Through his photographs, Tariq takes us into those places usually hidden from public view: the morgues, murder sites, prisons and private funerals, exposing the cyclical nature of violence in the country, as well as the loss and grief that it inevitably brings in its wake. From a mortician tenderly combing the hair of a homicide victim in preparation for a wake, to the claustrophobia-inducing images of inmates packed inside a prison cell, his photos provide an unflinching yet sensitive insight into the deep-cut violence, fear and pain that infiltrates these communities.Array
As expected, Tariq faced all kinds of challenges while making the work. “Some were simply logistical, like the fact that police would block access to photojournalists at murder sites, so my team and I had to trawl WhatsApp and Twitter to reach crime scenes before police did,” he says. Often, after police and medical teams had removed a body from a murder scene, they would approach Tariq and warn him to leave immediately as it wasn’t safe to hang around any longer.
In fact, there were few moments while working on the project that Tariq felt totally safe. “Beating the police to murder sites often meant coming across people who may well have been gang members, and of being in unsafe or ‘hot’ neighbourhoods in the middle of the night,” he says.Array
It’s the notoriously brutal methods of violence employed by Salvadoran gangs that distinguish them from other groups and which make the risks very real. “The gangs don’t just kill civilians or other gang members, they mutilate and maim to strike fear,” says Tariq. “Gangs are also a part of everyday life in ways that terrorist organisations often are not. They extort and control neighbourhoods, and hide in plain sight. This is what makes them so hard to fight: it’s often difficult to know who is and who isn’t a gang member.”
In El Salvador, the repercussions for those who step on the wrong side of the gangs are common knowledge and perhaps the hardest part of this project, Tariq says, is the fact that many of the things he saw, heard and experienced will remain forever private. “This is simply to protect the people who had the confidence of sharing their intimate stories and experience with me – and are still very much in danger of some sort,” he explains. “I promised to protect them as much as I could and many asked not to be quoted, named or photographed.”Array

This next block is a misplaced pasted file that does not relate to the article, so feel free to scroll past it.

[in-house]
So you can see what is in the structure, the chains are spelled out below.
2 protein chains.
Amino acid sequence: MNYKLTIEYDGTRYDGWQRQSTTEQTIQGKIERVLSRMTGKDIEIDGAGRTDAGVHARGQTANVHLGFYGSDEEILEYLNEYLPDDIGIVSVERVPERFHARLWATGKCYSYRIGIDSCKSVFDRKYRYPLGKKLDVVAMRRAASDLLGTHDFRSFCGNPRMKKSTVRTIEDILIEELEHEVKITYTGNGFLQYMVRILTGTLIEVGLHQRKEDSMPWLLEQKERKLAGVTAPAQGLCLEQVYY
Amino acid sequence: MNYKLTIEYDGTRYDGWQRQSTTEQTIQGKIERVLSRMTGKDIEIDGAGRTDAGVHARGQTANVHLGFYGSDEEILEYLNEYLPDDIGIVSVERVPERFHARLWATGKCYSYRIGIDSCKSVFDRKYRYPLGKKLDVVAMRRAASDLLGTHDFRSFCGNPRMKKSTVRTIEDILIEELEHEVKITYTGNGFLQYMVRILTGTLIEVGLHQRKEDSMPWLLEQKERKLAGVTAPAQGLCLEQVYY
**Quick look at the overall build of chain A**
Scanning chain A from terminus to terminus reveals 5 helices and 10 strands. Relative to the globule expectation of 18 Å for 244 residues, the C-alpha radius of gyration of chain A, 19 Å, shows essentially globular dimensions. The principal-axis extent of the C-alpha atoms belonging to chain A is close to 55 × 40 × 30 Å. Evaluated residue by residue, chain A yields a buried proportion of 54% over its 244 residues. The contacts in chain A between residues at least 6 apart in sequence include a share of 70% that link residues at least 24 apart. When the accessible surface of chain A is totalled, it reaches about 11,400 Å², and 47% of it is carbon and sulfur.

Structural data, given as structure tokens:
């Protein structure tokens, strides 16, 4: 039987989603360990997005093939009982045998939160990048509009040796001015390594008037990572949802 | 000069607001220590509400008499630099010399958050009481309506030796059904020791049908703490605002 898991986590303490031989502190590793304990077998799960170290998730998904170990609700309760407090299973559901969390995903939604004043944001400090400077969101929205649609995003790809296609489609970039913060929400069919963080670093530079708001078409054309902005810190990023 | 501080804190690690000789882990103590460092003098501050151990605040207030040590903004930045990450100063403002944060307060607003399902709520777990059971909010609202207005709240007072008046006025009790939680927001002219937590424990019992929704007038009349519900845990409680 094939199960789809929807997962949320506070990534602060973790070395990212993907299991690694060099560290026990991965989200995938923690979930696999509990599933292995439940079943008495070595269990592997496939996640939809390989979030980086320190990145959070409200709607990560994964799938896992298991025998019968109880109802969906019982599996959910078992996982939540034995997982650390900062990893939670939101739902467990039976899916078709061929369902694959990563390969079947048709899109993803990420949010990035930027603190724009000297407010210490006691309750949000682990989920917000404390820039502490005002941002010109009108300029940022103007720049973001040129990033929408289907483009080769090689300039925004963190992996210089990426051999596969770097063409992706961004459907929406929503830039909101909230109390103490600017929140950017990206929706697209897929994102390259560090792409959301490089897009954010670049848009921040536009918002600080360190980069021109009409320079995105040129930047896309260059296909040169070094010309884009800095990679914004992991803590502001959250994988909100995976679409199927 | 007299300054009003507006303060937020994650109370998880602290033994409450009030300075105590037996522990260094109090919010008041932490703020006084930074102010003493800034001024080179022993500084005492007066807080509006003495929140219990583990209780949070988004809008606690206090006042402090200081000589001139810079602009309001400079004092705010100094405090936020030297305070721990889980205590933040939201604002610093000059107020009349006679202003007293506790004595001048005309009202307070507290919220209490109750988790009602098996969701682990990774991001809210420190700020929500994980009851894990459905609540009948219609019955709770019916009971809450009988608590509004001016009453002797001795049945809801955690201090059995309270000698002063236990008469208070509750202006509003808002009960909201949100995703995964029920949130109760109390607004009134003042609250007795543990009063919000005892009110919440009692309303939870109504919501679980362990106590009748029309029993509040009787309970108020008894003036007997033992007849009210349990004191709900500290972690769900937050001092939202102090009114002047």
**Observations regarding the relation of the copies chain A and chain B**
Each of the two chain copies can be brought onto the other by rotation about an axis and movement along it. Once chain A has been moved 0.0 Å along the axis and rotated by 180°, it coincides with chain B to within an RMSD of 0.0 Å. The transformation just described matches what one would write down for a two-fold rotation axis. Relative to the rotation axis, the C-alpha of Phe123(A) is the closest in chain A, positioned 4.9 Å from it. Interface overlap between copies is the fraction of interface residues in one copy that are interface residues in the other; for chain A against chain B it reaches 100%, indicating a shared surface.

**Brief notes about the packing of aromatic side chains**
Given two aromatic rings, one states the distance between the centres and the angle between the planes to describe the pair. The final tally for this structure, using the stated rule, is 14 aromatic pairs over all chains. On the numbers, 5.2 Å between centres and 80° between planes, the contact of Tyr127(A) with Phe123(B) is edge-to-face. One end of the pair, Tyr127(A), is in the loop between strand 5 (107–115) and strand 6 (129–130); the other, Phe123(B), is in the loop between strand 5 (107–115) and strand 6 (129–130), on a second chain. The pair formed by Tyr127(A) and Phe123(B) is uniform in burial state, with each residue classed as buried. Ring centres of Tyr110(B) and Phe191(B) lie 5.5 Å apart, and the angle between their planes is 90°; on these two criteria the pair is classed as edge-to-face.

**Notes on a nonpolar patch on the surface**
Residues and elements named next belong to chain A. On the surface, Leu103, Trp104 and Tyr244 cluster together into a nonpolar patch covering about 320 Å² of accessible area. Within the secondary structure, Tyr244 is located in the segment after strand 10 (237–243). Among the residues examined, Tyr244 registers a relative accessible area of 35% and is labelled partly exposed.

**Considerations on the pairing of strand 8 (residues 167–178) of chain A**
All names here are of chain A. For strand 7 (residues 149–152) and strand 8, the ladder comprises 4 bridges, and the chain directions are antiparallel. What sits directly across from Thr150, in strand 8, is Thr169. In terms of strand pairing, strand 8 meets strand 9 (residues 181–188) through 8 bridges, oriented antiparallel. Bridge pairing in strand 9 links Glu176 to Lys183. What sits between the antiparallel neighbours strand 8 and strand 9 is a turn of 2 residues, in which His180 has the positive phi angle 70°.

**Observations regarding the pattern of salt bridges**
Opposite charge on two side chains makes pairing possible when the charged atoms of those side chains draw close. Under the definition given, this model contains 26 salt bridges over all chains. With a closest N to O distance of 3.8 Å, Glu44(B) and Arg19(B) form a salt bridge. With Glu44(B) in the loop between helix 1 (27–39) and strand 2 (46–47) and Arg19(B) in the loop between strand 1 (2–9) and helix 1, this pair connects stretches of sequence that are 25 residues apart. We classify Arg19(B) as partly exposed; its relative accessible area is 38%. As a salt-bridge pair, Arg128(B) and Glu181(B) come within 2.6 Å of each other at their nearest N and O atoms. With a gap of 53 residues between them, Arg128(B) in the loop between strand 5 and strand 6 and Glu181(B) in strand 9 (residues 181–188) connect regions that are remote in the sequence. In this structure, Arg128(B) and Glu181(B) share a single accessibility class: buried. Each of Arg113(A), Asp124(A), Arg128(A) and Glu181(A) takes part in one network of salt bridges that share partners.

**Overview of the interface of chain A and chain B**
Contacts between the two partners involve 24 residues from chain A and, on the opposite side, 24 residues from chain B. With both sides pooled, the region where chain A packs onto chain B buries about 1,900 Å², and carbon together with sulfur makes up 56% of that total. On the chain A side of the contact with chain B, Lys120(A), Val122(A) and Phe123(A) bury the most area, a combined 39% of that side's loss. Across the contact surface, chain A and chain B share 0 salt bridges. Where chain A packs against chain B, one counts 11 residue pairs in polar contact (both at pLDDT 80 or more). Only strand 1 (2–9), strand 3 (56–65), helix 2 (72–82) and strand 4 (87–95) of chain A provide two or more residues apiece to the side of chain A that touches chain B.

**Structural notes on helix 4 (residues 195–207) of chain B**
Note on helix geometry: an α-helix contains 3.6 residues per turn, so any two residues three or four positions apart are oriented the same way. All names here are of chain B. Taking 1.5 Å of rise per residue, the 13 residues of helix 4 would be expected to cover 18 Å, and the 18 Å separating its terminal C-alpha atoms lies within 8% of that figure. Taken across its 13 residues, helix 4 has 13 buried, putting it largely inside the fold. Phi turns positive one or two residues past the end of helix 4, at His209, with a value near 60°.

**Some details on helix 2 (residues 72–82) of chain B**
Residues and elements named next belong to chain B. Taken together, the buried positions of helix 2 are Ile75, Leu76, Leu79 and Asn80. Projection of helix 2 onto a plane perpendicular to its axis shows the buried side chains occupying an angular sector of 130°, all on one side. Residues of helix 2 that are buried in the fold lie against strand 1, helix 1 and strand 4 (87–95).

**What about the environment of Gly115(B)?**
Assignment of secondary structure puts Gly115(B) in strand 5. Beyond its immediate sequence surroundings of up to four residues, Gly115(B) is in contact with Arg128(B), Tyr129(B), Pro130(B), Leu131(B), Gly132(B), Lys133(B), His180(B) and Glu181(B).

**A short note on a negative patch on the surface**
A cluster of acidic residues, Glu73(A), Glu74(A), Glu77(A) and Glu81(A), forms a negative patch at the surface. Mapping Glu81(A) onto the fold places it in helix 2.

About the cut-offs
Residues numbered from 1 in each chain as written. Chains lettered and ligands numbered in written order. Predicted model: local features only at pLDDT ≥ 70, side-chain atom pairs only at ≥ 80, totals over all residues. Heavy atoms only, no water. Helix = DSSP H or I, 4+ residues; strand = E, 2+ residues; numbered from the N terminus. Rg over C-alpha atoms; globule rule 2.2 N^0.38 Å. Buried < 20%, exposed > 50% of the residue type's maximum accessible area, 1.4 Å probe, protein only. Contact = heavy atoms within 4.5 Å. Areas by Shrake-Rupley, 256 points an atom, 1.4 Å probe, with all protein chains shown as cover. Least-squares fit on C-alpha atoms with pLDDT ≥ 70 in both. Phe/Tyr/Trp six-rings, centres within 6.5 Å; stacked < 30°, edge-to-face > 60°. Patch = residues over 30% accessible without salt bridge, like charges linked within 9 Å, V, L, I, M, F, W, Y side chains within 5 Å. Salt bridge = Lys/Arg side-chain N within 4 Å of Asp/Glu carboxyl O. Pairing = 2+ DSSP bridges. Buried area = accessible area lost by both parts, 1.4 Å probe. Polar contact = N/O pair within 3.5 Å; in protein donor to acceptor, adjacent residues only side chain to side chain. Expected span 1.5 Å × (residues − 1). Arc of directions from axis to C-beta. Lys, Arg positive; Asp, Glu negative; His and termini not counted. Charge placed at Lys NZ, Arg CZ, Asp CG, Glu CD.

For an outsider, it is hard to fathom the true scale of violence in El Salvador and the extent to which the gangs dominate society. Those who visit the country for a short period might witness something like normality, but Tariq says that once you begin talking to people you uncover a darker reality: “a total breakdown of trust in society at large, and people living out each day in absolute fear … This is what is so terrifying to other Salvadorans: the extent to which this violence is normalised.”
Although the government has achieved some success in reducing murder rates from their peak of 17 murders a day in 2015, to two murders a day by March 2020, a surge of violence in early 2020 proved just how volatile the country still is, and how much work is needed to eradicate gang violence for good.Array
The title of Tariq’s book Sin Salida – which translates to ‘No Way Out’ – encapsulates the way gang violence is entrenched into Salvadoran society, and how once initiated into a gang it can be near-impossible to escape. “Young people grow up in war-like conditions, and are often socialised through and into the gang, beginning for MS-13 with a 13-second beating,” says Tariq. “The ubiquity of violence is devastating to regular psychological development.” Indeed, it is the same brutality that often drives people to migrate across borders in search of better lives.
“When you talk to families who have experienced this violence—murders, disappearances, extortion, death threats—you understand that most people live out their days in fear. My hope with this work is to amplify the voices of those Salvadorans who fight for basic human rights, security and a safer life for their children and families.”